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Wednesday, February 01, 2006

Cheating at George Bush's Alma Mater? Get the Fuck Out of Town!!

Most Yale students agree that cheating is just a means to an end. I suppose if I had to pay $40,000 a year to do anything, I'd do whatever it took to get my money's worth. This article, drawn from The Yale Herald, suggests that these kids ain't in it for the hot Ivy League ass. They's in it fo the grades, biatch!

Three students approached their professor after they witnessed a student copying from their tests on multiple occasions. The professor said he didn't want to know the student's name; rather than investigate the situation or hand the case over to the Yale Executive Committee, the professor simply moved subsequent exams to a larger room without addressing the specific allegations of cheating. A senior in the class said that he wasn't offended that a peer was cheating and didn't care that his professor did not punish the student. "All people have the same motive," he said. "The people who cheat and the people who study all just want good grades. Cheating is just a more efficient way of doing it, and no one's against efficiency." (Thompson)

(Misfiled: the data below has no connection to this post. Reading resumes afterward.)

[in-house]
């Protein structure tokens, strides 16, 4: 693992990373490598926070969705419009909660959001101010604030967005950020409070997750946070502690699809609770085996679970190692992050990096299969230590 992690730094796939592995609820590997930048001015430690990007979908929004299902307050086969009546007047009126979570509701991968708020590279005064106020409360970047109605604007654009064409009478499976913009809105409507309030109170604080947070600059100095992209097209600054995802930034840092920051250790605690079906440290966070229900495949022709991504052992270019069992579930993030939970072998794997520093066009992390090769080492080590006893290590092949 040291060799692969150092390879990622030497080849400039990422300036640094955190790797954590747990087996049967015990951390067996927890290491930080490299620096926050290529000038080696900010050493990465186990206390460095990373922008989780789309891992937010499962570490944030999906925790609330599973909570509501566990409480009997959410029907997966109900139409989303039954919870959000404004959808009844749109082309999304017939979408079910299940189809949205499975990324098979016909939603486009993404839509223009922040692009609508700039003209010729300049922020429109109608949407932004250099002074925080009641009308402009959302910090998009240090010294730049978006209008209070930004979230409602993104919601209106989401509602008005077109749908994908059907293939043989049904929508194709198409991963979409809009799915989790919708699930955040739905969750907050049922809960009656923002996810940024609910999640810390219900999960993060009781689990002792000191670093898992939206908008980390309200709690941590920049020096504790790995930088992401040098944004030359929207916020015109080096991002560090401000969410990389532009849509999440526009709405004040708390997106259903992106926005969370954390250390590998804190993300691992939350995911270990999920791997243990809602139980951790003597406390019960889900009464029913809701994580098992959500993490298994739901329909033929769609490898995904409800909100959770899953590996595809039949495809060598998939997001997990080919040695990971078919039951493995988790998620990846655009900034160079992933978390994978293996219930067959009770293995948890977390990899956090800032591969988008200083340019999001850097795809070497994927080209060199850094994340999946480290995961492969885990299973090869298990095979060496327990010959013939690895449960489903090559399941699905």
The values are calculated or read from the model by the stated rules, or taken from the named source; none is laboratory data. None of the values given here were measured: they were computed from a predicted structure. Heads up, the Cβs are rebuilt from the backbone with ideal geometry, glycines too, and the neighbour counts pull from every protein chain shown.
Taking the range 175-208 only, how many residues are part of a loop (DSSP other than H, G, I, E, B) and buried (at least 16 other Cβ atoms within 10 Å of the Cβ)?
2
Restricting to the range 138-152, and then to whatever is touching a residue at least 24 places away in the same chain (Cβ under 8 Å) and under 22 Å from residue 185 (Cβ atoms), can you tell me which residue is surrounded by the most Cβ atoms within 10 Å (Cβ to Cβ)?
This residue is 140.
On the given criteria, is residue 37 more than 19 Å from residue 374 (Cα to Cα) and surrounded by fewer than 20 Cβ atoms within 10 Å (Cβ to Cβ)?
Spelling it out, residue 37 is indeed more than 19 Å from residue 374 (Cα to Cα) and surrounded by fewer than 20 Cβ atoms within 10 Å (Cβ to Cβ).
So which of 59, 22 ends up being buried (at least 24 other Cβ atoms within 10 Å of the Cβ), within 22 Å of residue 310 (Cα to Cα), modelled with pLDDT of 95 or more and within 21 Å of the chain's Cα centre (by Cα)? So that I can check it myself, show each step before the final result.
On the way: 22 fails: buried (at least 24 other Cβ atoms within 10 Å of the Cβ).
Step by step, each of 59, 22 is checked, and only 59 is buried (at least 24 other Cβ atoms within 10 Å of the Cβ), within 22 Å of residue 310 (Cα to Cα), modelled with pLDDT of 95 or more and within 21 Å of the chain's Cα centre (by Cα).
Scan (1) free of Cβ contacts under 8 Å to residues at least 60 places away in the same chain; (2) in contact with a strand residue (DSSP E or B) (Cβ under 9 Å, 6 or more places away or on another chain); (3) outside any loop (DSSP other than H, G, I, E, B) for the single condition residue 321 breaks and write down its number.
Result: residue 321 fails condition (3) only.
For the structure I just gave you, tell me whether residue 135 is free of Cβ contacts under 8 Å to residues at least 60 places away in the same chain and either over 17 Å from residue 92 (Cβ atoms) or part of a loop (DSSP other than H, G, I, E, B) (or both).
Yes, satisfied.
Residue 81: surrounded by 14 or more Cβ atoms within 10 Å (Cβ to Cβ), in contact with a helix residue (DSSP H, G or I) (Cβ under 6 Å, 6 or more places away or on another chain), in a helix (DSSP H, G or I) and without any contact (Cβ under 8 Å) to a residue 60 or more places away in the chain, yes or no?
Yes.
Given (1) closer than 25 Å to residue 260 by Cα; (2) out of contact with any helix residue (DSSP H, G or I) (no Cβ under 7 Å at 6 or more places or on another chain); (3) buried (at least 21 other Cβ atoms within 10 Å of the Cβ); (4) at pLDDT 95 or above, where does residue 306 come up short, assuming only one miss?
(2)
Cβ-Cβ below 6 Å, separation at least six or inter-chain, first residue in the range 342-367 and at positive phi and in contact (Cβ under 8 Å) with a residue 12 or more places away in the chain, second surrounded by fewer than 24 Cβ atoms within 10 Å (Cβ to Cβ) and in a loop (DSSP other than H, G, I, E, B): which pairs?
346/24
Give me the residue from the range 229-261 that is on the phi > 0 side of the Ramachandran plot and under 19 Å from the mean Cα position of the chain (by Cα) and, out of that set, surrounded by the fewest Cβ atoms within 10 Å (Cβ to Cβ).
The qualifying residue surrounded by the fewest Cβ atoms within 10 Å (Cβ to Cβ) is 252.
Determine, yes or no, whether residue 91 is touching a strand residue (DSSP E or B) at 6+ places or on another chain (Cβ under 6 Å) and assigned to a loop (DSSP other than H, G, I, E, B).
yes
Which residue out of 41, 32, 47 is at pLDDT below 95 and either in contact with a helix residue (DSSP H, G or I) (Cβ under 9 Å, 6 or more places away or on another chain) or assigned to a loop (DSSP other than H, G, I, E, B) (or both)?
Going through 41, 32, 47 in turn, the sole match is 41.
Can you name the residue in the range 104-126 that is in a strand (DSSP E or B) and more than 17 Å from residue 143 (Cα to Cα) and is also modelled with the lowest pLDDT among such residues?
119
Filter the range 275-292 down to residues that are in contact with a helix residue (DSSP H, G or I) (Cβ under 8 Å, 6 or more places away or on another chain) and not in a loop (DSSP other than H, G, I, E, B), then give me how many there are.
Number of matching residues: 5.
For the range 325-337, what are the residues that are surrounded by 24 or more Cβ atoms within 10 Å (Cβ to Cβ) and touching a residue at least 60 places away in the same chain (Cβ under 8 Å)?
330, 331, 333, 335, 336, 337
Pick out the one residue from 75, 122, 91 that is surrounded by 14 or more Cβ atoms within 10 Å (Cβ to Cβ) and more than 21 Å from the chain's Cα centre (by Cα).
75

The rest of the article has some good suggestions on how to cheat in class. Check it out here or by clicking on the title link:

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Tuesday, January 31, 2006

Which of These Things Is Not Like the Other?

This week in education news has yielded the "Teen Mental-Health Survey". This article, taken from the Ohio Dispatch on January 30, 2006, highlights a new survey which, as stated by test makers, "seeks to pinpoint who needs mental-health services". Students taking this survey will have the rare opportunitity to either make a desperate cry for help or further isolate themselves from peers and teaching staffs alike.

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Wednesday, January 25, 2006

Harvard: The Pot Calling the Kettle Black

The NPR News website directed me to this Harvard study released on Jan 12 2006 which basically argues that recent findings have led these researchers to the conclusion that public school are more segrated today than they were 15 years ago. The Harvard study blames de facto segregation for the decline of racial diversity in our schools stating that: